623 F2d 108 United States v. Popkin

623 F.2d 108

80-2 USTC P 9564

UNITED STATES of America and Jerry W. Baker, Special Agent
of the Internal Revenue Service, Petitioners-Appellees,
Richard POPKIN, President of Popkin, Sharmin & Greenberg,
Inc., Respondent-Appellant.

No. 78-2760.

United States Court of Appeals,
Ninth Circuit.

July 11, 1980.

Harvey D. Tack, Hochman, Salkin & DeRoy, Beverly Hills, Cal., for respondent-appellant.

Robert E. Lindsay, Washington, D. C., argued for petitioners-appellees; Francis J. Gould, Charles E. Brookhart, Dept. of Justice, Washington, D. C., on brief.

On Appeal from the United States District Court for the Central District of California.

Before MERRILL and ALARCON, Circuit Judges, and TEMPLAR,* District Judge.


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The Internal Revenue Service seeks enforcement of a summons issued to appellant in his capacity as president of a law corporation. Appellant challenged the summons in the court below, contending that it was sought solely for the purpose of investigating criminal liability, that the information sought was already in the possession of the IRS, and that the summons violated appellant's fifth amendment rights. The district court enforced the summons without holding an evidentiary hearing. Appellant has appealed, contending that he was improperly denied an evidentiary hearing on these three issues.

1. Purpose of the IRS Summons


Even accepting appellant's allegations as true, he has not made out a claim of improper purpose under United States v. LaSalle National Bank, 437 U.S. 298, 98 S.Ct. 2357, 57 L.Ed.2d 221 (1978). He does not allege that the IRS had already recommended criminal prosecution to the Department of Justice or that the IRS, as an institution, had abandoned the possibility of civil tax liability and was delaying recommending prosecution in order to gather further evidence of crime. Appellant alleges only that the corporation's tax liability for the tax year ending February, 1974, and, he believes, for the tax year ending February, 1975, had already been determined. From this, appellant concludes that information regarding those years was sought solely for the purpose of establishing criminal liability. However, the summons was modified to exclude the year ending February, 1974, and in any event assessment of taxes would not preclude assessment of a civil penalty for fraud. Appellant has alleged nothing which suggests that he can meet the "heavy burden" imposed by LaSalle on one who seeks to prove that no valid civil purpose exists for issuance of a summons by the IRS. See 437 U.S. at 316, 98 S.Ct. at 2367. Appellant's allegations were insufficient to entitle him to an evidentiary hearing on this point.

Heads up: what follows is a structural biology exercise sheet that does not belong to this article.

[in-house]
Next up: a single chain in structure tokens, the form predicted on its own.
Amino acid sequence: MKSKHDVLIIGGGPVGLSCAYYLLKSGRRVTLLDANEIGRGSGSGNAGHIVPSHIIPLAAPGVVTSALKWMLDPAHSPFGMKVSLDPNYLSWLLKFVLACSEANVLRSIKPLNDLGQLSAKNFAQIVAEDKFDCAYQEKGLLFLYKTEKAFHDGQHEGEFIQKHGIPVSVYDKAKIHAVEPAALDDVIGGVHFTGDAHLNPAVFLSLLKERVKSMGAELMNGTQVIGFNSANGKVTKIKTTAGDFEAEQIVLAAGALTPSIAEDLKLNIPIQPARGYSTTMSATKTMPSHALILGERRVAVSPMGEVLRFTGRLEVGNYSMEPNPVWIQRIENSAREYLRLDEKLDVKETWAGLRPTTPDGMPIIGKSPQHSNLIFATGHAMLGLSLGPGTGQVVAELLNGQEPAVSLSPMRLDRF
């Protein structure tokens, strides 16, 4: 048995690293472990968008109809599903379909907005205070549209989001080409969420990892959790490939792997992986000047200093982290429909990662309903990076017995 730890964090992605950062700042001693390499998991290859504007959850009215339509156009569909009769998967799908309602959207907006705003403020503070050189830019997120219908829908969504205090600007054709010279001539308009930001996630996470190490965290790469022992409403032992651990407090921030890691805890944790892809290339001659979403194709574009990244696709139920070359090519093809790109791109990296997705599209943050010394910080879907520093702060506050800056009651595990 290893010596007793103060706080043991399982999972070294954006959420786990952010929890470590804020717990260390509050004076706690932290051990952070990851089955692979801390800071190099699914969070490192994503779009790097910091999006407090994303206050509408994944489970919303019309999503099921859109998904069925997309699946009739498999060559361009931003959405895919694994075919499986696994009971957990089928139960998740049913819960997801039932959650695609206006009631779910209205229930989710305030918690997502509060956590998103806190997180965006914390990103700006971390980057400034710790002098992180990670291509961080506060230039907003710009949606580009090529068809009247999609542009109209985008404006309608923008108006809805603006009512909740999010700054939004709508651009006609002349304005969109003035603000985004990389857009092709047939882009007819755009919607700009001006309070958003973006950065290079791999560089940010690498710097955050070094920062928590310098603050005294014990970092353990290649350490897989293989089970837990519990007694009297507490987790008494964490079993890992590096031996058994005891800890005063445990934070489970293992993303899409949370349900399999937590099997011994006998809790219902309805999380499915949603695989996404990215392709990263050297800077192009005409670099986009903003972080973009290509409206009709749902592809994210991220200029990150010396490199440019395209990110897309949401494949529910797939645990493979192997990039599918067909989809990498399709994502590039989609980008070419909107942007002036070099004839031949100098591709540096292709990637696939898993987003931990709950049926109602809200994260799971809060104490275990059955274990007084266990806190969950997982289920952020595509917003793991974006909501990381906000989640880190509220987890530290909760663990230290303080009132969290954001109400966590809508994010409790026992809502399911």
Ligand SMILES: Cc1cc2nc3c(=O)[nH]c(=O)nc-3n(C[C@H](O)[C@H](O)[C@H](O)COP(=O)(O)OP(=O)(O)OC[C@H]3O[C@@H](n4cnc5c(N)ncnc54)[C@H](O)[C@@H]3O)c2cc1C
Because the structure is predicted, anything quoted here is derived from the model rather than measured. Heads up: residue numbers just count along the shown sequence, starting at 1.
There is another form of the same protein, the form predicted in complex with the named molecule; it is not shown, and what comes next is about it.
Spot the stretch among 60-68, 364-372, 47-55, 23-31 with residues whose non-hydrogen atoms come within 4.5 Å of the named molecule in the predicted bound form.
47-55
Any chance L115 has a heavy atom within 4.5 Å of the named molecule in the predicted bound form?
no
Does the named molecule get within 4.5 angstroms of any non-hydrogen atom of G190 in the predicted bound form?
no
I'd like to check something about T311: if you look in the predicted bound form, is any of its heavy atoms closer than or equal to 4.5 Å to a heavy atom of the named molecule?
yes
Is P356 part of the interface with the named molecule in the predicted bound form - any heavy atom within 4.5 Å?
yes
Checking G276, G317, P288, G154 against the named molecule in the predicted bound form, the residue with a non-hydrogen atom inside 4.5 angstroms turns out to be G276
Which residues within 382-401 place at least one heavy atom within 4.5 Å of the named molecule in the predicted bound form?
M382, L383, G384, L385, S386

2. Information Already in Possession of the IRS


Appellant contended in the court below that the summons was not in good faith because the information was already in the possession of the IRS. See United States v. Powell, 379 U.S. 48, 57-58, 85 S.Ct. 248, 255, 13 L.Ed.2d 112 (1964). On appeal, he contends that he was entitled to an evidentiary hearing on this issue.